Tucker, who also served as the evening’s emcee, referenced EAA in his acceptance speech as well, acknowledging Tom for his mentoring as an air show pilot and mentioning his regular participation at Oshkosh. Tucker shared the emotional side of flying and reminded the attendees just how much fun flying is.

Current Young Eagles Co-Chairman Sully Sullenberger presented the Captain Cool Award to Astronaut James Lovell, commander of Apollo 13 and an EAA member. Sullenberger said the only thing he and Lovell had in common is that they both landed on water – but Lovell meant to!

The evening began with John Travolta, the official ambassador of aviation, inducting Bombardier Chairman Laurent Beaudoin as a Living Legend. Clayton Jones, president and CEO of Rockwell Collins, was recognized as the Aviation Industry Leader of the Year; Lynn Tilton, CEO of MD Helicopters, was named Aviation Entrepreneur of the Year for her efforts to revitalize the once struggling company after acquiring it in 2005; Evergreen International Aviation founder Delford M. Smith was honored with the Lifetime Aviation Entrepreneur Award; and Frank Robinson, who designed the R-22 helicopter in the early 1970s, received the Lifetime Aviation Engineering Award.

Bob Hoover presented the final two awards of the night: the Bob Hoover Freedom of Flight Award to both James H. “Jimmy” Doolittle III, who accepted on behalf of the Doolittle Raiders, and Congressman Sam Johnson. EAA will honor Bob Hoover on July 29 at AirVenture 2011 with a day-long tribute to the legendary test pilot, air show performer, and Reno racer.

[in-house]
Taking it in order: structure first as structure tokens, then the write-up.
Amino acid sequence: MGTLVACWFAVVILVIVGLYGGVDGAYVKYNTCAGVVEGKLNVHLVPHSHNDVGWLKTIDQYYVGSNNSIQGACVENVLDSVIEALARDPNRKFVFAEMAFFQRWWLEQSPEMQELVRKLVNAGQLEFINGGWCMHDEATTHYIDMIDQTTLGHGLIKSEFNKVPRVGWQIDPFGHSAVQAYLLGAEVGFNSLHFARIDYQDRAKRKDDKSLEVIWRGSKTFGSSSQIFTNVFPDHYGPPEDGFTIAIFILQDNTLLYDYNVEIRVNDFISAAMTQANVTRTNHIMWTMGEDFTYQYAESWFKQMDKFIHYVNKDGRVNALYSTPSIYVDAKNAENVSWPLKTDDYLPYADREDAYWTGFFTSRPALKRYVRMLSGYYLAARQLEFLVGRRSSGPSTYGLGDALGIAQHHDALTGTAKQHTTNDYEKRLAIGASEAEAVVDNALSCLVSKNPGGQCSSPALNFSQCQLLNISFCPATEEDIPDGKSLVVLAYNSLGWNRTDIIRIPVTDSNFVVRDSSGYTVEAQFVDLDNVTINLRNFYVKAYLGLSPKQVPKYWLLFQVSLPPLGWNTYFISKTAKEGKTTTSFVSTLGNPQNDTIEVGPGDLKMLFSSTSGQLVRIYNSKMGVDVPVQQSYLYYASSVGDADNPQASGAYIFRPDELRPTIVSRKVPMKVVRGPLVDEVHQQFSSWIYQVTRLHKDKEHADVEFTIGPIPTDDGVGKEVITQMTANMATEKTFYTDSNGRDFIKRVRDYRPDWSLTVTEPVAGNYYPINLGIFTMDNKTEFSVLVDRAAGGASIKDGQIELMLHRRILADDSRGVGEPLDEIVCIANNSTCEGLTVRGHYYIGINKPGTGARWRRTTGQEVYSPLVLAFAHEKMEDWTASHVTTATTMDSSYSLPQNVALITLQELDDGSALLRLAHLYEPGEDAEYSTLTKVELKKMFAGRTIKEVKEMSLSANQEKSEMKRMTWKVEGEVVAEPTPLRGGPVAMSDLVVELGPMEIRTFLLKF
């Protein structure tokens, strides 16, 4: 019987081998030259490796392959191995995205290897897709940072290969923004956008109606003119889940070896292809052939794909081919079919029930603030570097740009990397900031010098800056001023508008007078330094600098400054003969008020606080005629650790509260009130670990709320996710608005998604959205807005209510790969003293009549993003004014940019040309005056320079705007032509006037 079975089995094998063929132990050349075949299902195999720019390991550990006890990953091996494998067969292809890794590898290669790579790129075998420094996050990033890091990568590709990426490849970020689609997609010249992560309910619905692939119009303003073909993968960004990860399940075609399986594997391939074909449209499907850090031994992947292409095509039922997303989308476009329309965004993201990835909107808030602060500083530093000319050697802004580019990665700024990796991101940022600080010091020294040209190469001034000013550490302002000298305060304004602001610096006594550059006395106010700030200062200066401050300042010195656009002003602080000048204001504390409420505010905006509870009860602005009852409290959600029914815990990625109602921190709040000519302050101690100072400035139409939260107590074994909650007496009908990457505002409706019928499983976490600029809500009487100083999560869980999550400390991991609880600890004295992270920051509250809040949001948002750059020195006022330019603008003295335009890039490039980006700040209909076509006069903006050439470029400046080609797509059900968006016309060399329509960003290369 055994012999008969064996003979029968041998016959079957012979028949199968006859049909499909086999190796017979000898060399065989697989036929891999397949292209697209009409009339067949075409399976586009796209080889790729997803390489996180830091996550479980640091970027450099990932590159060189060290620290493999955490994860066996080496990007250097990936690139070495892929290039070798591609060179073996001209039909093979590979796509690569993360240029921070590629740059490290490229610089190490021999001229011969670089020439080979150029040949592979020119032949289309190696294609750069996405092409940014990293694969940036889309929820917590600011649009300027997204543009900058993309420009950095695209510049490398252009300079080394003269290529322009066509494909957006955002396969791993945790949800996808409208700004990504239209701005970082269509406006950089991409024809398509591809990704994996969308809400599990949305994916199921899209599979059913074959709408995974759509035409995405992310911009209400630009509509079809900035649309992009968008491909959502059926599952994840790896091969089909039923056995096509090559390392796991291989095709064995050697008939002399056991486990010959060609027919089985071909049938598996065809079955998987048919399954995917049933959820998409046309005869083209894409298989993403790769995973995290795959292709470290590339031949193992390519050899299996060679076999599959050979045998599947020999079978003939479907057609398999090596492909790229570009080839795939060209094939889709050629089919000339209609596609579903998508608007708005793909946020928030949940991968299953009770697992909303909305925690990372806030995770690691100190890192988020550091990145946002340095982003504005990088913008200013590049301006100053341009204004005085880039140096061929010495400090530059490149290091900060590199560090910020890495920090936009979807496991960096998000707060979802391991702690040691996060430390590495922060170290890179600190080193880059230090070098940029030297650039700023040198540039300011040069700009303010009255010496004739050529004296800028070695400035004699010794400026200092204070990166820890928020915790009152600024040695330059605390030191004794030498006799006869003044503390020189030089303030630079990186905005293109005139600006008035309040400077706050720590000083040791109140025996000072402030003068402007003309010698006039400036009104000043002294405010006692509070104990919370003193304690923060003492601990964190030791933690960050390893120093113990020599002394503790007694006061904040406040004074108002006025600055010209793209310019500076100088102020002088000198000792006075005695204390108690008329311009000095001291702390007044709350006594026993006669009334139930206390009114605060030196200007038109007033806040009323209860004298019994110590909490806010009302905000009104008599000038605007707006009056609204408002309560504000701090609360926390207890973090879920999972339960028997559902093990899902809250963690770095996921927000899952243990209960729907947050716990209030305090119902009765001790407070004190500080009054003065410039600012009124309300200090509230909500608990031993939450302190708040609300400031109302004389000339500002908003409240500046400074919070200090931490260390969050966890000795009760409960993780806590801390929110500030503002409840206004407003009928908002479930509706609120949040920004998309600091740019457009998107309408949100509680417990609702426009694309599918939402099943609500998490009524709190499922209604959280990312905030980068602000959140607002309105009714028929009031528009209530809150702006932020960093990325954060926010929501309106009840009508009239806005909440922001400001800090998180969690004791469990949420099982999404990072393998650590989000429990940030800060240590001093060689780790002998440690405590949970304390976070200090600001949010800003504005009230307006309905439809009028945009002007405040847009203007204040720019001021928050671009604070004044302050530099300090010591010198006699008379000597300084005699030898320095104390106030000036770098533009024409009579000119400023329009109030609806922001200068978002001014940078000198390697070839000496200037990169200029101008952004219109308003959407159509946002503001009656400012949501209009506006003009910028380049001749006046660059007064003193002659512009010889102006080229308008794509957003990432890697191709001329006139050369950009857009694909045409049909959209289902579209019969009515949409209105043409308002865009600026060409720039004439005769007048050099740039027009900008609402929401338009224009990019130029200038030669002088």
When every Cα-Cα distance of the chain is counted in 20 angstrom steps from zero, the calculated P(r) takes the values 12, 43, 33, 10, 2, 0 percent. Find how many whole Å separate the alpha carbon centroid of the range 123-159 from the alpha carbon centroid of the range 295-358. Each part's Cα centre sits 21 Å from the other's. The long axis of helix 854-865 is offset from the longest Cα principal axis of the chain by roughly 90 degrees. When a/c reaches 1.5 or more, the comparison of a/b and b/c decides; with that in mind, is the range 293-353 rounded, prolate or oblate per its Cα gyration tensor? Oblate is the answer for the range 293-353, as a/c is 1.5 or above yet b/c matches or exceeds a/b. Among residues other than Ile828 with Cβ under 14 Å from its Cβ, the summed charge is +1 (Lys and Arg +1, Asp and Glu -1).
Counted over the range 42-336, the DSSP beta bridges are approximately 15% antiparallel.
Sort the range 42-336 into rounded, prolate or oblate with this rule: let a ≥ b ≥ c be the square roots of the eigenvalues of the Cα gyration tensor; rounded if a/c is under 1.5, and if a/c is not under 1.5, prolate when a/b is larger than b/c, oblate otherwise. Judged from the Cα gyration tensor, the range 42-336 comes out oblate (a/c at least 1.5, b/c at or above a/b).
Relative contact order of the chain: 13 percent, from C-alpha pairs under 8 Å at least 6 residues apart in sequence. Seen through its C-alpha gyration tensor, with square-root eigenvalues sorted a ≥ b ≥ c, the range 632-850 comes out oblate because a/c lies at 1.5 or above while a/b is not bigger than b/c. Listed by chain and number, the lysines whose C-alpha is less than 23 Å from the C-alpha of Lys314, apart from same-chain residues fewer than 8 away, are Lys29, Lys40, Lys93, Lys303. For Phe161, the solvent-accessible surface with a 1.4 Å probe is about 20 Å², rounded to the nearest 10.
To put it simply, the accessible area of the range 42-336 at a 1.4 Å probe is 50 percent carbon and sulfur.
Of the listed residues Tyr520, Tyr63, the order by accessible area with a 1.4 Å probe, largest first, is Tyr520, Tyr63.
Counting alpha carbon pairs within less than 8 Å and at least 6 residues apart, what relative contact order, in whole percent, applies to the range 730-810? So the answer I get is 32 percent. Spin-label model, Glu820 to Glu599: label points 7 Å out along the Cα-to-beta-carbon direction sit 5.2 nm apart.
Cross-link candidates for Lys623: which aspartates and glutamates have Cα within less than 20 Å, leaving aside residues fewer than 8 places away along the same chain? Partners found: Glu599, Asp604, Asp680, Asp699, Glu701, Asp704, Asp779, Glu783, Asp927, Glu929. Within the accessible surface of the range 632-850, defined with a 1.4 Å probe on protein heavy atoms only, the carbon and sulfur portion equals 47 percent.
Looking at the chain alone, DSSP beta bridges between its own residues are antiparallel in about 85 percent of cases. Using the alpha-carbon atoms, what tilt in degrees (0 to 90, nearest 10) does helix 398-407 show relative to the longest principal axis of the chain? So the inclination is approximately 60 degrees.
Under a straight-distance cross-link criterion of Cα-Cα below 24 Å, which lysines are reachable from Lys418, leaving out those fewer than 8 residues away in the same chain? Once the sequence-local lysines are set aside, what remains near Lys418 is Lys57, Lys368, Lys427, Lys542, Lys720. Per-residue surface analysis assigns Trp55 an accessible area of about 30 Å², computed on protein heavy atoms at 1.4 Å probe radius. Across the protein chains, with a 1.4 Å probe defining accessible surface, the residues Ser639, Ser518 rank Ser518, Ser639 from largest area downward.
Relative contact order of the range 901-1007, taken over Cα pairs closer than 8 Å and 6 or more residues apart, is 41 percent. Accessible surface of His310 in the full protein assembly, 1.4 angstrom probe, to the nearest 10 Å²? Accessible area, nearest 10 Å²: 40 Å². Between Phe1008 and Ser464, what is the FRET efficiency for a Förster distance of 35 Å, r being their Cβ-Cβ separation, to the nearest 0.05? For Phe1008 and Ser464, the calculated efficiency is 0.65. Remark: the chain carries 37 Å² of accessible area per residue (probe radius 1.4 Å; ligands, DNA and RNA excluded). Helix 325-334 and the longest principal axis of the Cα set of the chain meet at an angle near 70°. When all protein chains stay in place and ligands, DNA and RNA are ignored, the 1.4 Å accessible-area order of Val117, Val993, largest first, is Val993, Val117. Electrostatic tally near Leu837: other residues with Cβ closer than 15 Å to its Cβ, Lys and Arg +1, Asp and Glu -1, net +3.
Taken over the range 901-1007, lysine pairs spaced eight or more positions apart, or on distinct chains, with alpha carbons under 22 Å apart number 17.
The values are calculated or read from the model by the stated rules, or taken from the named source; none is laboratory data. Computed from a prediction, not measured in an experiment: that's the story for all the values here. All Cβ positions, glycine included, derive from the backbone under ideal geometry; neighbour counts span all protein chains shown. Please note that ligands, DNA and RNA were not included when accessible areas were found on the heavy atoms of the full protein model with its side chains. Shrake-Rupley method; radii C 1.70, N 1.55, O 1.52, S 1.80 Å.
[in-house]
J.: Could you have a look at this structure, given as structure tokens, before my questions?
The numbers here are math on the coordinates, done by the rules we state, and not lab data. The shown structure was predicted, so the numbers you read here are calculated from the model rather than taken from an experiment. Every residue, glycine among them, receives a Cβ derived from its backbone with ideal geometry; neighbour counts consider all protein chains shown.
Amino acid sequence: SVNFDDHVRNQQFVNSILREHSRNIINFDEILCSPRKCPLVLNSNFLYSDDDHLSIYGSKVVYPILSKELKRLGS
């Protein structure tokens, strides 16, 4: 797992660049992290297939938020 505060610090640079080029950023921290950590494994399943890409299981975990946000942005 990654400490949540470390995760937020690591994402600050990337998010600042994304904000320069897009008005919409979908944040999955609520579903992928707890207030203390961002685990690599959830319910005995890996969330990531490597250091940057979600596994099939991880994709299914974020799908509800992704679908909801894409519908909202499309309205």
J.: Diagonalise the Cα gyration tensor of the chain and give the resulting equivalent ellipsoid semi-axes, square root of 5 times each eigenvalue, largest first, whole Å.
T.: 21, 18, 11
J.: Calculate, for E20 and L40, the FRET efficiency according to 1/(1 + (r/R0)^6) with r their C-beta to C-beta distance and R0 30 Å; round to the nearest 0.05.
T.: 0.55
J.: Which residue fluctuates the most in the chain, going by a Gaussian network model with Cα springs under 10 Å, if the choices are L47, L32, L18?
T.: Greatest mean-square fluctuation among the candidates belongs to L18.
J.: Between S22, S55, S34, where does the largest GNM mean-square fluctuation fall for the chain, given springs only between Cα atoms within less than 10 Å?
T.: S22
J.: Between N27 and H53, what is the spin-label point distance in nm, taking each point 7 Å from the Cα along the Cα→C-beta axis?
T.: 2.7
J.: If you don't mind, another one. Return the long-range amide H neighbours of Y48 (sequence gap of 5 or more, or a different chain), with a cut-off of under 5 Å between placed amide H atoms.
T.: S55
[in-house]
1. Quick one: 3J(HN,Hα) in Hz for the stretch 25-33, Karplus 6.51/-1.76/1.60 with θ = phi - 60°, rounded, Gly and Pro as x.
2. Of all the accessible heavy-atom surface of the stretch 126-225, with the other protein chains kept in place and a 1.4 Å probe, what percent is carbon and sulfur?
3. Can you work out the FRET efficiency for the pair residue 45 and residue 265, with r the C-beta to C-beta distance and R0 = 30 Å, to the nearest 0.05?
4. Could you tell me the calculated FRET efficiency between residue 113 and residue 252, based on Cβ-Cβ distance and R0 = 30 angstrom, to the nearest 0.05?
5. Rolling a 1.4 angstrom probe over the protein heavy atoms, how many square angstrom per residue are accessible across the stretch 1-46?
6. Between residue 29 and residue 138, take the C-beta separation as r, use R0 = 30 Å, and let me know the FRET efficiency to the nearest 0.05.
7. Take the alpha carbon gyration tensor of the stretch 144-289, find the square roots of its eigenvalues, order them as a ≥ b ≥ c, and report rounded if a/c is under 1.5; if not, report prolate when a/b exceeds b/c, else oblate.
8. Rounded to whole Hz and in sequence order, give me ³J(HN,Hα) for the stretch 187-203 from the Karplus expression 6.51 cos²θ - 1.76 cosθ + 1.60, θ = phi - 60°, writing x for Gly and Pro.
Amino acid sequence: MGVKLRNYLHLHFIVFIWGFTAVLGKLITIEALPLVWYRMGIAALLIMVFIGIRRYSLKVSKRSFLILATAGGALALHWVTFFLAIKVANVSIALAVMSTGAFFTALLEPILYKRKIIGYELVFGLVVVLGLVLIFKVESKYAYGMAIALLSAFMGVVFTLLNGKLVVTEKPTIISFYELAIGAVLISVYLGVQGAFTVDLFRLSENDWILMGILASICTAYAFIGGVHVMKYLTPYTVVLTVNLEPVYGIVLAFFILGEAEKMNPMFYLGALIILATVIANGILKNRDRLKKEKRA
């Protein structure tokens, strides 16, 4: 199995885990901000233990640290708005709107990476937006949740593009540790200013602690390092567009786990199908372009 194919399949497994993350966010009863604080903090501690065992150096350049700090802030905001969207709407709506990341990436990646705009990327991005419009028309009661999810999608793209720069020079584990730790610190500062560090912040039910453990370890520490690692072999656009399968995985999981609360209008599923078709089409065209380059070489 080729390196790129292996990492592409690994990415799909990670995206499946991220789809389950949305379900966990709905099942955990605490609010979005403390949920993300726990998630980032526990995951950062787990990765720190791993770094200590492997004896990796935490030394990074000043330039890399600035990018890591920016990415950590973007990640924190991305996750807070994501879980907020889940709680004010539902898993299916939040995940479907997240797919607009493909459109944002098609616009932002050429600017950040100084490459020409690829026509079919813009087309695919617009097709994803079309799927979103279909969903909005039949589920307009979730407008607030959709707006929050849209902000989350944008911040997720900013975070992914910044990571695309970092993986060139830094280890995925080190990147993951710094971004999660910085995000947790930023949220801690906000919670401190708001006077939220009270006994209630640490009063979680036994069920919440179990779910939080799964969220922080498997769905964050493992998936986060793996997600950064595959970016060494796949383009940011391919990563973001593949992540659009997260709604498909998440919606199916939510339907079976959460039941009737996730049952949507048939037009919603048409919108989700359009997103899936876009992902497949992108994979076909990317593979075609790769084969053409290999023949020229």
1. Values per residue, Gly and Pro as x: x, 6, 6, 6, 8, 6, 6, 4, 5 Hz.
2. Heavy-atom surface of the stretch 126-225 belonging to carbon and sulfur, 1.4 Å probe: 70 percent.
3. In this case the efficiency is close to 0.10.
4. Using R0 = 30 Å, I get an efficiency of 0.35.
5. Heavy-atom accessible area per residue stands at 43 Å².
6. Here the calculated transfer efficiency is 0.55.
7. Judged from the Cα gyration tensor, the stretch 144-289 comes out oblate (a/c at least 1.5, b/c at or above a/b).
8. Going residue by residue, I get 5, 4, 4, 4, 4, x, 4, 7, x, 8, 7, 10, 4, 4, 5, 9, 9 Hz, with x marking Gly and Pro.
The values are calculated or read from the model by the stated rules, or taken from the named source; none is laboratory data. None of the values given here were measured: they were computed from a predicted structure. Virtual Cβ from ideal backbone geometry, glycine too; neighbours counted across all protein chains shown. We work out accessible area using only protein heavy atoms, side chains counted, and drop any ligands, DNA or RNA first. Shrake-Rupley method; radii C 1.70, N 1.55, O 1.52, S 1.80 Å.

“It was nice to see an evening celebrating aviation legends focus on EAA, Oshkosh, and the emotional commitment and contribution of EAA members,” Tom said. “The attendees were from all walks of life, and EAA was recognized. It is recognition of our members and what they do. Every member should be proud.”

While in California, in addition to participating and representing EAA at the awards, Tom led a planning meeting for the Gathering of Eagles, the primary fundraising event for the Young Eagles program held each year during AirVenture.

Ford Receives the Wright Memorial Award
Tom and Sharon Poberezny were on hand as Harrison Ford was honored with the 2010 Wright Brothers Memorial Trophy at a dinner in Washington, D.C., on December 17 - the 107th anniversary of the first flight. Tom was instrumental in nominating Ford for the prestigious award, created in 1948 to honor the memory of Orville and Wilbur Wright. It is given by the National Aeronautic Association (NAA) to a living American for “significant public service of enduring value to aviation in the United States.”

The NAA recognized Ford for “engaging our nation’s youth in aviation and inspiring tomorrow’s leaders, innovators, and enthusiasts to secure a strong future for all of aviation.” Tom, who introduced Ford at the awards, noted that during Ford’s tenure as chairman of EAA Young Eagles from 2004 to 2009, approximately 500,000 children aged 8 to 17 experienced the wonder of flight. Ford also is active in humanitarian events. During the earthquake in Haiti a year ago, he flew his Cessna Caravan full of medical supplies to the stricken island nation. Ford also flies search and rescue missions in Wyoming in his helicopter and has been a leading advocate in protecting the rights of general aviation.

“Look at what Harrison has done to make a difference,” Tom said. “He has parlayed his reputation to open doors, create visibility for aviation, and motivate people to fly.”